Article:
Until 1993 the chairmanship of the group changed hands every year or two. Its progress was chronicled with frequent updates in the CBI newsletter. In those days around a dozen people attended the SIG’s annual meeting, which was devoted primarily to informal introductions and exchange of information. At the 1989 meeting it adopted the CBI newsletter as its official communication medium, and in 1991 threw itself into the world of new technology with a decision to “start an electronic bulletin board or mailing list.” This was followed in January 1992 with Paul Ceruzzi’s establishment of a list serve distribution list (oddly announced as an “electronic bulletin board” http://www.cbi.umn.edu/about/nsl/v14n2.pdf) “in response to the group’s desire for an informal forum to discuss ideas, questions, and themes.” Called SHOTHC-L it was distributed for some years from the Smithsonian’s mainframe via BITNET. (By the late 1990s had fallen victim to unchecked spam and the retirement of the Smithsonian’s mainframe).
Paul Ceruzzi writes of the email list (in a message to Thomas Haigh dated December 12, 2006) that:
I recall some very early instances of flame wars, “newbies,” lurking, etc. before those things became commonplace. They were so interesting, and so novel, that a sociology professor asked me for permission to use transcripts of a flame war for a research paper he was writing, on the social interactions spawned by Listserv. I did find a draft of the sociology paper written in 1993: “Electronic Mail as an Academic Discussion Forum,” by Paul F. Burton (Univ. Strathclyde, Glasgow). I do not know where, or if, it was published. It is kind of fun to read, especially his remarks about “flaming” (in quotes). I had one of the first e-mail accounts at the Smithsonian, and that my e-mail address in those days was “NASEM001@SIVM (“National Air and Space E- Mail [serial number] One”). So my geek credentials are impeccable. I may have some old business cards to prove it – again it was a novelty to have one’s e-mail address printed on a business card.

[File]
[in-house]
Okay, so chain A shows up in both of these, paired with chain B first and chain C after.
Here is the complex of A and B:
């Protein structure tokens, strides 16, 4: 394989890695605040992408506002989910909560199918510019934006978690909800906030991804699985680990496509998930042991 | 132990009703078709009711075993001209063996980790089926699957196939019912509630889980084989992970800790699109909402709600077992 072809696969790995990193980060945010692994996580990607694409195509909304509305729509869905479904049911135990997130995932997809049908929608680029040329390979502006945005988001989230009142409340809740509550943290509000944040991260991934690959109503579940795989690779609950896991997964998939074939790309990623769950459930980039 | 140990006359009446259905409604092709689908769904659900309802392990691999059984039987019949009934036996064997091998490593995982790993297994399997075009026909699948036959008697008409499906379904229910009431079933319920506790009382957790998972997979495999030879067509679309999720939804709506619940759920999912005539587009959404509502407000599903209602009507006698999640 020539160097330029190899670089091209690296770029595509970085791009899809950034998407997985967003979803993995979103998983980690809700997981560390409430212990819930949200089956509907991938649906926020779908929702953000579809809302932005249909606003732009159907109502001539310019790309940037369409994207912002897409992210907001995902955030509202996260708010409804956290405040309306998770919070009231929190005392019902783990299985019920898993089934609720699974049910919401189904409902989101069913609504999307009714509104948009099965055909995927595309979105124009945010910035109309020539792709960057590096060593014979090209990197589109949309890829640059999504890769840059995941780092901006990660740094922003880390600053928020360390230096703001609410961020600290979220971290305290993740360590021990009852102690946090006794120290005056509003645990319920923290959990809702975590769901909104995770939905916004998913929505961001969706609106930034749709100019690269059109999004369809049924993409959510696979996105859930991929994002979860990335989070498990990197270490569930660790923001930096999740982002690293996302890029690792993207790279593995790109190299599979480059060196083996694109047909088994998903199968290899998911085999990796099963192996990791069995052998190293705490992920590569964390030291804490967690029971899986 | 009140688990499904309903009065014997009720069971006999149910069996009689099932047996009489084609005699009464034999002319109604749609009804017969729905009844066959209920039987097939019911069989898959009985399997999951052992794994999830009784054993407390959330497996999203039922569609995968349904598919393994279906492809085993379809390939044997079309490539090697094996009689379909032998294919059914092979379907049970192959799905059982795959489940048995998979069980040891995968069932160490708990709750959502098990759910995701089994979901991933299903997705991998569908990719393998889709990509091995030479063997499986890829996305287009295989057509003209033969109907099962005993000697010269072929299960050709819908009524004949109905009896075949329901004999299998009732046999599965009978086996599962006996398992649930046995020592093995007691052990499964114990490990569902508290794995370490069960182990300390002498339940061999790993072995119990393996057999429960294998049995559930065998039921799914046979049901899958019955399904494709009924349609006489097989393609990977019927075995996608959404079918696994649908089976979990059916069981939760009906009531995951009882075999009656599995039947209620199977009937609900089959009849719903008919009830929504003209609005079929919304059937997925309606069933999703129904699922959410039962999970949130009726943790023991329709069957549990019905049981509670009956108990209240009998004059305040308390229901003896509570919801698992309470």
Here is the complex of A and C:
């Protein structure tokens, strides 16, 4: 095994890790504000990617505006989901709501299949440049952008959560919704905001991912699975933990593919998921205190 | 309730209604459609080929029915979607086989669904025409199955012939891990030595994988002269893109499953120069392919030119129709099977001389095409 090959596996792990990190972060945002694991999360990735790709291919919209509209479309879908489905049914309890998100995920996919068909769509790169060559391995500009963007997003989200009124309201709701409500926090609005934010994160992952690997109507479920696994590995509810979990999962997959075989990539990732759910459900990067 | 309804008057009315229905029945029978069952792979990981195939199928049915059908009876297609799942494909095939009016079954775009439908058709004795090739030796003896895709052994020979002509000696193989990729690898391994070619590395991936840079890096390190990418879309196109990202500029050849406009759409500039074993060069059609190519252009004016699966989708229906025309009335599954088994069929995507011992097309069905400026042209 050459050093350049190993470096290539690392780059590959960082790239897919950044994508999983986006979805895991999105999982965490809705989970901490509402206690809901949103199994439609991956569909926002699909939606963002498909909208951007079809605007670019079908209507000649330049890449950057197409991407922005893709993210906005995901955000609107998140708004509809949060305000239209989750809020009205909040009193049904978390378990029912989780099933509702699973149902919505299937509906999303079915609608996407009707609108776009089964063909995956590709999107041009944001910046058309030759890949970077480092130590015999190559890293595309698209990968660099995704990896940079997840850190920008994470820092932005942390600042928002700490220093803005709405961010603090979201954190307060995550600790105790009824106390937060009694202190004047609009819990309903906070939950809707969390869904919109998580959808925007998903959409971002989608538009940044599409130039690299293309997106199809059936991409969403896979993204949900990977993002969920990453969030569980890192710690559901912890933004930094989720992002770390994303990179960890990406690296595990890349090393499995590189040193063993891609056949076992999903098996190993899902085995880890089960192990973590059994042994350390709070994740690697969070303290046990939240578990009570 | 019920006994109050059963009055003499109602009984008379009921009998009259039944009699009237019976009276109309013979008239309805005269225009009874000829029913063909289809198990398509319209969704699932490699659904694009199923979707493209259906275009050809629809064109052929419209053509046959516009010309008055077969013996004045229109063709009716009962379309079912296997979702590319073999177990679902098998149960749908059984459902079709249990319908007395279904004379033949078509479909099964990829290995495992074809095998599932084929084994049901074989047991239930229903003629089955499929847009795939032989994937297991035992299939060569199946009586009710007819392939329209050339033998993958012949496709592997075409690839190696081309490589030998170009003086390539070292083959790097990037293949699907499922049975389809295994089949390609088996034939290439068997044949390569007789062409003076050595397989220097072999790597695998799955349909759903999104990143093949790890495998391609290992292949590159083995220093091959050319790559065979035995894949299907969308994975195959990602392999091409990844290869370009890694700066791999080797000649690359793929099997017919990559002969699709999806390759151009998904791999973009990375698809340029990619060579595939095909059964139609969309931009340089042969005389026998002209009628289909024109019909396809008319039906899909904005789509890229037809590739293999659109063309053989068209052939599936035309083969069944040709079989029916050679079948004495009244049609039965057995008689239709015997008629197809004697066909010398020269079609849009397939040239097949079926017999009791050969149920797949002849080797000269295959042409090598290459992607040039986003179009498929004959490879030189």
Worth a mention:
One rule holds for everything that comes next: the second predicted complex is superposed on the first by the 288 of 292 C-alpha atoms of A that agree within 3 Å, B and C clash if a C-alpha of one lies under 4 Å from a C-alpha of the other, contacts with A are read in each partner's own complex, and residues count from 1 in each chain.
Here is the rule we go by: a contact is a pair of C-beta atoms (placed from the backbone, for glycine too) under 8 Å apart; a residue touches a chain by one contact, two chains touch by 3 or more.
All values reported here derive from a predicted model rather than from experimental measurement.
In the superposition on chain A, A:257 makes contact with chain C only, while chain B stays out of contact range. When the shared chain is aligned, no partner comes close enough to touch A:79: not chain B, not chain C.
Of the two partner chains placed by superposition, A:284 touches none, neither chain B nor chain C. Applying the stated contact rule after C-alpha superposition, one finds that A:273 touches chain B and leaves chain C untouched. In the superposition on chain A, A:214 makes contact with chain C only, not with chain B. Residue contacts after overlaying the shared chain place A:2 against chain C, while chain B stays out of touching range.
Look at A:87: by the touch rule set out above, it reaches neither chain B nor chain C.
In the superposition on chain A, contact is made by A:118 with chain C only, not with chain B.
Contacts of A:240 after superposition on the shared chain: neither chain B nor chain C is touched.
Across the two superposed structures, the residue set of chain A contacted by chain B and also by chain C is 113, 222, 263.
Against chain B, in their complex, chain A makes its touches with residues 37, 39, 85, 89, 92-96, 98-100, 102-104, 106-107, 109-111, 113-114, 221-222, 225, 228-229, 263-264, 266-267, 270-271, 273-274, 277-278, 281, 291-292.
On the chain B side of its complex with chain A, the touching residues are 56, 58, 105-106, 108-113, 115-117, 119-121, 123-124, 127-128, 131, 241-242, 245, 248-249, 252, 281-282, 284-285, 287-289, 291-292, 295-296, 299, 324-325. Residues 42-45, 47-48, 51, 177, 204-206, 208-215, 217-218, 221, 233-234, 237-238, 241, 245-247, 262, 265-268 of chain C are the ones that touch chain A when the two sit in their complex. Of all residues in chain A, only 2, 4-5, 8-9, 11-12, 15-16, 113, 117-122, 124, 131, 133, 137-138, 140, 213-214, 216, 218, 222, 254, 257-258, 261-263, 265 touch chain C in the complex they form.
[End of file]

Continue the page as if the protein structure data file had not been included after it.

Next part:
I moderated the list for a while but then opened it up. For a while it was really great—a lot of postings every day, but not so many as to be overwhelming, and the quality was usually very good. I remember Mike Mahoney was an enthusiastic contributor, as were a few other Annals people. It was the definitive place to discuss history of computing on-line, until a few years later, when someone on the West Coast established a “community memory” listserv which competed. That was a more Silicon-Valley oriented list, and it attracted more practitioners than historians…. In both cases the emphasis was on composing text messages to that were succinct, factual, and well-reasoned. The Spartan nature of Listserv led to a “rediscovery” of the ancient art of rhetoric, which, alas, did not survive the transition to the Web.